Illinois recently joined more than 20 states in considering a measure that would require presidential candidates to release five years of tax returns in order to appear on primary and general election ballots. The bill was approved by the state Senate in April, though it still must pass the Illinois House of Representatives and be signed by the governor to become law. Some of the legislators championing these bills have confirmed that they are in fact aimed at Trump. The sponsor of the Washington bill (which passed the state’s Senate in March) pointed out that Trump’s failure to release his tax returns shattered a presidential norm dating back 40 years.
Norms are worth protecting. There is widespread academic agreement that institutional safeguards are not enough to protect democratic governments, since there is in fact no legal way to prevent those same institutions from becoming tools of power consolidation. Instead, norms are responsible for ensuring the institutions are used properly. Though the norm of releasing tax returns is in no way the most indispensable, the importance of norms in general grants Democrats a certain degree of legitimacy in their push to obtain Trump’s tax returns despite obstinate refusal. But is limiting ballot access the right way to go about protecting democratic norms?
The first step to answering that question is understanding the concept of gatekeeping. The term refers to various tactics whereby mainstream parties can keep populist authoritarian candidates out of power. These tactics can range anywhere from uniting with opposing political parties against anti-democratic candidates to simply leaving those candidates off party ballots. The proposed ballot restrictions can be understood in light of gatekeeping, since they aim to keep candidates violating a longstanding presidential norm off the ballot. Furthemore, future ballot restrictions could potentially be used to enforce other, more central, democratic norms.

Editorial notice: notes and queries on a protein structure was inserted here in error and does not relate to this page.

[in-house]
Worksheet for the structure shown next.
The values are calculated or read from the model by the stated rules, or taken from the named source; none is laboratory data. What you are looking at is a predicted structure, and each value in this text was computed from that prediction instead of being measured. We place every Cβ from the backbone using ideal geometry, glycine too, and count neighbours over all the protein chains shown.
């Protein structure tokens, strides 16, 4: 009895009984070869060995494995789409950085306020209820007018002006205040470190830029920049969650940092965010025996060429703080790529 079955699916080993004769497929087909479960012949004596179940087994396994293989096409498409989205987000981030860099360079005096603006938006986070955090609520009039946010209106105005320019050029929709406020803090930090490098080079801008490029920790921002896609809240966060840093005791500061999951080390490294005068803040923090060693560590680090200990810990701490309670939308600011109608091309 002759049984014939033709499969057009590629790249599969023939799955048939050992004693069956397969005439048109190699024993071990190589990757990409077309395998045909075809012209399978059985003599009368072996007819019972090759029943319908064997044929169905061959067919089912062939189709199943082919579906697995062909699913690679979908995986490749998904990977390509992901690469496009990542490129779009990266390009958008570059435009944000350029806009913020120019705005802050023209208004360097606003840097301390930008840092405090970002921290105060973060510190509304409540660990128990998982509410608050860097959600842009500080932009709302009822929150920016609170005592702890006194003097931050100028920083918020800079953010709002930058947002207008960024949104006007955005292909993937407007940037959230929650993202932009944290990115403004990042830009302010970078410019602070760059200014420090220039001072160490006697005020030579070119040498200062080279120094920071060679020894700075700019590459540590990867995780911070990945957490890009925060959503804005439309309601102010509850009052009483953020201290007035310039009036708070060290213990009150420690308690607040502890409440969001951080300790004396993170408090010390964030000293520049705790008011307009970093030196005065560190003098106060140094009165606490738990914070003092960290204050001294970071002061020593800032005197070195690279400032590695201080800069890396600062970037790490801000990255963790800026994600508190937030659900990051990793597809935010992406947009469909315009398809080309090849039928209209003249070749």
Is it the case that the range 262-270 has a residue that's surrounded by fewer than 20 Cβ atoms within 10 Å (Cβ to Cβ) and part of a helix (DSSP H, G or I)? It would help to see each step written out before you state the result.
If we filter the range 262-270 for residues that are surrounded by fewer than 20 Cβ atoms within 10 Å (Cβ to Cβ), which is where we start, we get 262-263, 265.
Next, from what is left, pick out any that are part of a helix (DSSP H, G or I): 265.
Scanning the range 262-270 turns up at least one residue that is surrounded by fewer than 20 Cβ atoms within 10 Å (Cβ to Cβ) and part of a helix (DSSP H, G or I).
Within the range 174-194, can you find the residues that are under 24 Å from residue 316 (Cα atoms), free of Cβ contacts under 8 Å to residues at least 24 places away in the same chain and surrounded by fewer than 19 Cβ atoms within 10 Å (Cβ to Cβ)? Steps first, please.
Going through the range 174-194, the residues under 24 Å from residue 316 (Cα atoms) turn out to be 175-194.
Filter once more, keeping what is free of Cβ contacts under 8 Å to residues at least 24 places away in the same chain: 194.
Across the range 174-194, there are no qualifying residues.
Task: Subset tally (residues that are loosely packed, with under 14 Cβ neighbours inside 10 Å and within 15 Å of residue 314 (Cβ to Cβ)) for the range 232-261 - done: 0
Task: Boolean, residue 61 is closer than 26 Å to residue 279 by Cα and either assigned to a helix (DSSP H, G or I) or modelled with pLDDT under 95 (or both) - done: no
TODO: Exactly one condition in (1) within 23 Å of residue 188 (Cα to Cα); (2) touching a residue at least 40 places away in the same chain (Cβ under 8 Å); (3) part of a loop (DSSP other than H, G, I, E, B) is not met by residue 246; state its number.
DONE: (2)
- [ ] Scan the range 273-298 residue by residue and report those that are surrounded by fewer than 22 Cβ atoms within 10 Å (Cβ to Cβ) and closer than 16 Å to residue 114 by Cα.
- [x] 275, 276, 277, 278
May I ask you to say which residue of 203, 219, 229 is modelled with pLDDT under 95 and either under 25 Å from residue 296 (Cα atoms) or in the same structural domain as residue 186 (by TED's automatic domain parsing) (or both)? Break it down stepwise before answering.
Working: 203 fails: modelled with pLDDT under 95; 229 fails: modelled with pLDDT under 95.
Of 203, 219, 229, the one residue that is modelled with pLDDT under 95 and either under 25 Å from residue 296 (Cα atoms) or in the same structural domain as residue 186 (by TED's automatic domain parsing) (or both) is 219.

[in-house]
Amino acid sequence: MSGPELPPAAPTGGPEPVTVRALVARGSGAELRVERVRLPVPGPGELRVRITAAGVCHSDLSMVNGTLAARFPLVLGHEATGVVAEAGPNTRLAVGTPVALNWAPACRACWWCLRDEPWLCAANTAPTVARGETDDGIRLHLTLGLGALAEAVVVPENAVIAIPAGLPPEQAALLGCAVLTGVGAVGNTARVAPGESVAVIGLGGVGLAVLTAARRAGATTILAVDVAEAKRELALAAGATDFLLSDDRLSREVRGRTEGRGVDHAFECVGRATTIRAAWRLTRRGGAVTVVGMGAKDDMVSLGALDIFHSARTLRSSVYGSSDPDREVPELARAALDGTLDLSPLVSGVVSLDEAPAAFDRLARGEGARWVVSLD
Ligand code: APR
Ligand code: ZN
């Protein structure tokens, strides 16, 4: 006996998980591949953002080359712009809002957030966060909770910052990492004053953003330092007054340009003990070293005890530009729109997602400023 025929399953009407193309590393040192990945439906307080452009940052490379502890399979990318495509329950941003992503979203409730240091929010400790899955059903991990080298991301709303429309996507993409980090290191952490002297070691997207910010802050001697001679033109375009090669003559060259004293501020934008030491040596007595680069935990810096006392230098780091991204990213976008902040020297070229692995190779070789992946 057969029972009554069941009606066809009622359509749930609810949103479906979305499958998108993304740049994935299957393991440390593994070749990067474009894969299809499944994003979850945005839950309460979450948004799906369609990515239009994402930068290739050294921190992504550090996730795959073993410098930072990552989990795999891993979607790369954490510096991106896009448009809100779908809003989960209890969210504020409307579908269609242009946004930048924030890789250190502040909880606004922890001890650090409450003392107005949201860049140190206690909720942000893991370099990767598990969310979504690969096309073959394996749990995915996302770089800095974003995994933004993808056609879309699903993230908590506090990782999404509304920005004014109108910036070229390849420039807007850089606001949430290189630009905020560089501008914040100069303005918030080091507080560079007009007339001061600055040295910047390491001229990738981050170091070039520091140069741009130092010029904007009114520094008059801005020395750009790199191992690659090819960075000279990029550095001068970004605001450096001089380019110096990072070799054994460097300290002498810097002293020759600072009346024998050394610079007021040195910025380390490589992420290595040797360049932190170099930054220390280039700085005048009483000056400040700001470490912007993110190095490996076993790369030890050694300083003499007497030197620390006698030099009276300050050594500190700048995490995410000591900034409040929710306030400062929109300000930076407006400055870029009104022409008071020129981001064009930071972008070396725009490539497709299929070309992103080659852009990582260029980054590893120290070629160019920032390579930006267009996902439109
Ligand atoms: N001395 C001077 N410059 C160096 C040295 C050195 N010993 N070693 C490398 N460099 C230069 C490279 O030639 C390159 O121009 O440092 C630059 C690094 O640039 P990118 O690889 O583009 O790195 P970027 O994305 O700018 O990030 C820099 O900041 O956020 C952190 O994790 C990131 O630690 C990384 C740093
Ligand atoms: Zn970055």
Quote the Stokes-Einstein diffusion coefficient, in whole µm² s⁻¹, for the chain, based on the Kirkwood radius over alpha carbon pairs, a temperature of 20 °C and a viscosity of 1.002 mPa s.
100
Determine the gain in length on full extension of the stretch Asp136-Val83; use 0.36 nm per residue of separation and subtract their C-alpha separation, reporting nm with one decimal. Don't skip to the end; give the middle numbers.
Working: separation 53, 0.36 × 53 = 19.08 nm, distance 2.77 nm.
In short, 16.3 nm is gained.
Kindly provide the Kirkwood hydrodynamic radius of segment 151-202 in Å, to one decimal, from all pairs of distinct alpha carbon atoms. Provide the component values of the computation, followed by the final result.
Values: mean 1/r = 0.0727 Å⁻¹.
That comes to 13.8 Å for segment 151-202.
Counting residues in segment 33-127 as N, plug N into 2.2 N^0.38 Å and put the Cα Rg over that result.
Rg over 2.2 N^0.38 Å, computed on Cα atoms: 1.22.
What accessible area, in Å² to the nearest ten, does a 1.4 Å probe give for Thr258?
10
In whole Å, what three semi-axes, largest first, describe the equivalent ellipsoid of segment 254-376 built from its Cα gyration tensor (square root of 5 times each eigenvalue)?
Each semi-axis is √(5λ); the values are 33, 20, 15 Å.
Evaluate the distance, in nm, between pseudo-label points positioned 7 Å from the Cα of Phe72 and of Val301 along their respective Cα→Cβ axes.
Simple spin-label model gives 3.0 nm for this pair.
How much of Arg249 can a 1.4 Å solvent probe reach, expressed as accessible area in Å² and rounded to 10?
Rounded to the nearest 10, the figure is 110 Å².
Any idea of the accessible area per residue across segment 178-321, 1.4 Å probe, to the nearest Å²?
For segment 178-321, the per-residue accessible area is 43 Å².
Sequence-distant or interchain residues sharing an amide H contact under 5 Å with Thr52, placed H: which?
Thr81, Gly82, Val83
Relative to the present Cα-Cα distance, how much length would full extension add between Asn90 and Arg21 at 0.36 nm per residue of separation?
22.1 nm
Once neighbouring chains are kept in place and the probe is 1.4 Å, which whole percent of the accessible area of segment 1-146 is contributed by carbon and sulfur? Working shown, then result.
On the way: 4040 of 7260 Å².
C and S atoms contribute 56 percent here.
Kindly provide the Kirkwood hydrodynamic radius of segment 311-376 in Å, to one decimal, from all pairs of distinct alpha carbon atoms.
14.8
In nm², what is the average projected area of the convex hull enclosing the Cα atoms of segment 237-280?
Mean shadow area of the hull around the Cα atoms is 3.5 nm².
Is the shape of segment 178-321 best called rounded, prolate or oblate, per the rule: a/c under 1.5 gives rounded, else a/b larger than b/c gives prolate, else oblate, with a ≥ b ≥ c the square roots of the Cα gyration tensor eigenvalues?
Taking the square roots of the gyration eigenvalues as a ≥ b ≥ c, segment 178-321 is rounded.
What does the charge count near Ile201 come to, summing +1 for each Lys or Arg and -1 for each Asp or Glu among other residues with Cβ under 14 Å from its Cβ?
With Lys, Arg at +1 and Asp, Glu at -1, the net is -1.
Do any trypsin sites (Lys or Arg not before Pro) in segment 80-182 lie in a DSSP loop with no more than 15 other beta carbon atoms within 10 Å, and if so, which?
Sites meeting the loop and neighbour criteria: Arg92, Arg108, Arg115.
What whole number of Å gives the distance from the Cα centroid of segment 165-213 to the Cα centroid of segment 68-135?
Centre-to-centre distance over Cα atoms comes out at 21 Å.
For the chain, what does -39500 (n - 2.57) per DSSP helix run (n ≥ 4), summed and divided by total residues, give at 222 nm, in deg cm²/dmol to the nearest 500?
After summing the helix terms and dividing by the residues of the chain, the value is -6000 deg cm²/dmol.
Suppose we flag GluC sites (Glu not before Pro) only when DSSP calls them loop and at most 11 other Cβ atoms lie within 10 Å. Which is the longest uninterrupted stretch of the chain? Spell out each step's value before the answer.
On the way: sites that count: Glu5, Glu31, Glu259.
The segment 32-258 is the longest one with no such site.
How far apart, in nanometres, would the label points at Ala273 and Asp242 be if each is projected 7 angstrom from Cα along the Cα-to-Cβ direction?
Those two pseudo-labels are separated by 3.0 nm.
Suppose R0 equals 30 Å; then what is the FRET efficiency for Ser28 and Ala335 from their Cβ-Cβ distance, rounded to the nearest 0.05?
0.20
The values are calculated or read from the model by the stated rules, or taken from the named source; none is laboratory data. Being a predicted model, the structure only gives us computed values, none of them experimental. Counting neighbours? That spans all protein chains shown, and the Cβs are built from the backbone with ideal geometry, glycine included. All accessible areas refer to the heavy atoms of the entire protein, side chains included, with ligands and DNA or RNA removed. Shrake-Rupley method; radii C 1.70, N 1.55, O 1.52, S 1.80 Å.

Unfortunately, successful gatekeeping often requires some measure of bipartisan support, and the ballot restrictions are no exception. Trump did not carry a single state with a democratic legislature in 2016, and the proposed ballot restrictions have been exclusively advanced by democratic legislatures. So Trump would probably not lose any of his base even if the proposed restrictions took effect, unless Republican lawmakers joined in the effort.
However, the potency of restricting ballot access should not be underestimated, and could conceivably have profound effects on both primaries and general elections of the future. Indeed, democratic governor Jerry Brown, who vetoed the California restriction in 2017, cited the potential for a slippery slope, acknowledging the power that such measures could have. Indeed, ballot restrictions could even be easily placed in such a way as to undermine democracy. For instance, some states might mandate that only the current incumbent’s name be present on the ballot. As is the case with most aspects of federalism, state use of ballot restrictions can advance or hinder the cause of democracy.
This means that, just like most other democratic institutional mechanisms, which can function as either checks on or weapons of authoritarianism, ballot restrictions would need to be used with restraint. Unfortunately, this is particularly difficult during periods of polarization, such as the one currently gripping America. If ballot restrictions became a legitimate tool to enforce democratic norms, they could easily be used used instead for all-out partisan warfare, further eroding democratic norms of mutual toleration and institutional restraint. (For instance, a state legislature could pass a law that only Republicans may appear on their ballots.)